Eco-friendly Baltic 142 Canova left Jakobstad to a global cruising
Tuesday, October 29, 2019 8:00 PM
Following successful trials of one of the most significant sailing yacht launches of 2019, Baltic 142 Canova recently left Jakobstad to embark on a programme of global cruising, during which her numerous innovative design features will come to the fore.
Although Canova was built purely as a bluewater cruising yacht with the aim of operating for long periods without the need for specialist shore-side assistance, she is also designed as a powerful, fast and easy to handle sailing yacht. In addition, her owner is keen to reduce Canova’s environmental impact with reduced emissions through hydro-generation and electric propulsion.
As she left the dock at Jakobstad the full effect of her lines could be appreciated. Styled by Lucio Micheletti, the superstructure’s long hard-top bimini, which extends from the deck saloon aft over the large guest cockpit, is a key feature. An engineering feat in itself, it incorporates touch button drop down side windows, sliding doors, ‘mood’ effect dimmable glass and the ability to take the 24-tonne load of the mainsheet track.
As can be seen in the accompanying pictures, Canova’s stunning interior, also styled by Micheletti, has recently received its finishing touches. It is a study in understated interior design with white bulkhead panelling and deckheads combining effectively with teak timber veneers to capitalise on the abundance of natural light.
The owner’s full-beam suite is located almost amidships where there is least motion and there is further accommodation for four guests. Extensive crew accommodation for eight is located aft.
Comfort a priority
Canova’s owner made comfort and safety for guests and crew a priority and to this end he decided to opt for a Dynamic Stability System foil, an athwartships sliding board set just below the waterline designed to reduce heel and dramatically dampen pitching motion in a seaway.
“I am very pleased to see that heel angle can already be reduced by 8 degrees in trials and there is plenty more fine tuning to come when we understand more about how to trim the yacht in conjunction with the foil,” said Canova’s owner. “The reduction in pitching motion is amazing. Any performance increase in terms of speed will be a bonus,” he added.
The design, engineering and construction of the DSS foil involved a large team coordinated by Baltic Yachts. Infiniti Yachts developed the foil, Ben Ainslie’s America’s Cup engineers BAR Technologies worked on the bearings and naval architects Farr Yacht Design, responsible for the overall design of Canova, worked with Gurit on the detail design and engineering and ISOTOP built the foil.
The 9m long foil is set in a cassette built into the bottom of the yacht, emerging just below the waterline around amidships. The foil runs directly beneath the owner’s cabin where its installation was made more challenging because the bunk itself can be adjusted to counteract heel angle.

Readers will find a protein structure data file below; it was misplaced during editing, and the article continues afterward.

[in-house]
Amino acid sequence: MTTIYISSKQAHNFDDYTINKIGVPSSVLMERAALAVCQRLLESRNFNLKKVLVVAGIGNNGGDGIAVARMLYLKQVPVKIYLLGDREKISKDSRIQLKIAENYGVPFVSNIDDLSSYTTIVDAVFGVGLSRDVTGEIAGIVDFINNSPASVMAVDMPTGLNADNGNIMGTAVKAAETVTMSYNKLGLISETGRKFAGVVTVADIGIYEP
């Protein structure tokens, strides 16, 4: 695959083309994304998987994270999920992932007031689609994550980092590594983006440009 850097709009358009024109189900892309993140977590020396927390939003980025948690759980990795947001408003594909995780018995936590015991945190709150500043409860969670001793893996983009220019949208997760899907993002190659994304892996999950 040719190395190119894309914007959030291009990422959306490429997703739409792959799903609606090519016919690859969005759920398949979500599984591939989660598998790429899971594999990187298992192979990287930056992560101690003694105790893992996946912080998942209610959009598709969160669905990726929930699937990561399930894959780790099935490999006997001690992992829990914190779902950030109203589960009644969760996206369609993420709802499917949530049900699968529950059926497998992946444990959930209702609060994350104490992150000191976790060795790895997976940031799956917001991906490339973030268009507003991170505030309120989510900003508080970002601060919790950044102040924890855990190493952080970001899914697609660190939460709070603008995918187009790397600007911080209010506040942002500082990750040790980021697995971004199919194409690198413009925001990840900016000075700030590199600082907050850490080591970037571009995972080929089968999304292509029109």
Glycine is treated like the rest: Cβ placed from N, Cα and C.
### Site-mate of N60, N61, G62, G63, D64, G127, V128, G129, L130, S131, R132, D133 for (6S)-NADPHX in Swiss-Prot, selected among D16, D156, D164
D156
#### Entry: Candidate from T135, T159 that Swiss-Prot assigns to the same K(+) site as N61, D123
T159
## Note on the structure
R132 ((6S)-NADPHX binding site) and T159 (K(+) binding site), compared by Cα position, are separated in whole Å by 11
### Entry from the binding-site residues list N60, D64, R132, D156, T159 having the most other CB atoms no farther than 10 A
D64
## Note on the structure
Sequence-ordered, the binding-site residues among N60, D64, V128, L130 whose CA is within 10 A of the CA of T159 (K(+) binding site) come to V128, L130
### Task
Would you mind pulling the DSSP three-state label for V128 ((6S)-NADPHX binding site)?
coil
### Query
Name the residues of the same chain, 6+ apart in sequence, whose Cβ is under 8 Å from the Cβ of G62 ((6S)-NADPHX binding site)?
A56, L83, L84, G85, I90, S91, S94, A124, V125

Electric propulsion and hydrogeneration towards sustainability
Comfort, economy and environmental considerations were also behind the decision to equip Canova with an electric propulsion system, a hydrogeneration system feeding a large Lithium ion battery bank and the means to run the yacht in ‘silent’ mode with all hotel systems running for up to nine hours. Daily charging can be reduced to just six hours.
Canova’s electric motor is remarkably compact and virtually silent in operation. It delivers 420kW and drives a forward facing pull propeller set on a saildrive-style leg which can be rotated through 340 degrees. There is no need for a separate stern thruster.
While the yacht is sailing, her free wheeling propeller drives the electric propulsion motor as a generator, which in turn charges the large bank of Lithium ion batteries. In the right conditions Canova could cross the Atlantic under sail using all her systems without recourse to conventional charging using an internal combustion engine.
Powerful sailing yacht
Canova’s owner is a keen sailor. “I want her to sail, not motor sail!” he said, “but she has to be easy to handle for the crew so automated control was important.” With her square top main and numerous headsail combinations she certainly has the potential, which combined with the effect of the DSS should produce a very effective performance. All her winches are electric with hydraulic systems reduced to a minimum. A self-tacking headsail means the yacht could, in theory, be tacked single handed.
The owner’s bluewater cruising ambitions will be defined by Canova’s ability to remain largely independent of specialist support and to achieve this he wanted the yacht to be able to take her own weight sitting on her lifting keel in the raised position. This would avoid the need to be lifted and placed in a special cradle.
Other equipment that would normally require a lift for maintenance can be accessed and removed without the yacht being taken out of the water. The bow thruster is a case in point.
With nothing left to chance, Canova’s 7m custom tender is equipped with built-in tanks so that fuel bunkering in remote locations can be achieved.
Canova is a study in innovation for fast, comfortable, eco-friendly blue water cruising, engineered and built by Baltic Yachts who have worked with a wide range of external experts to bring the project to fruition.
We wish Canova, her owner and crew great sailing in great comfort!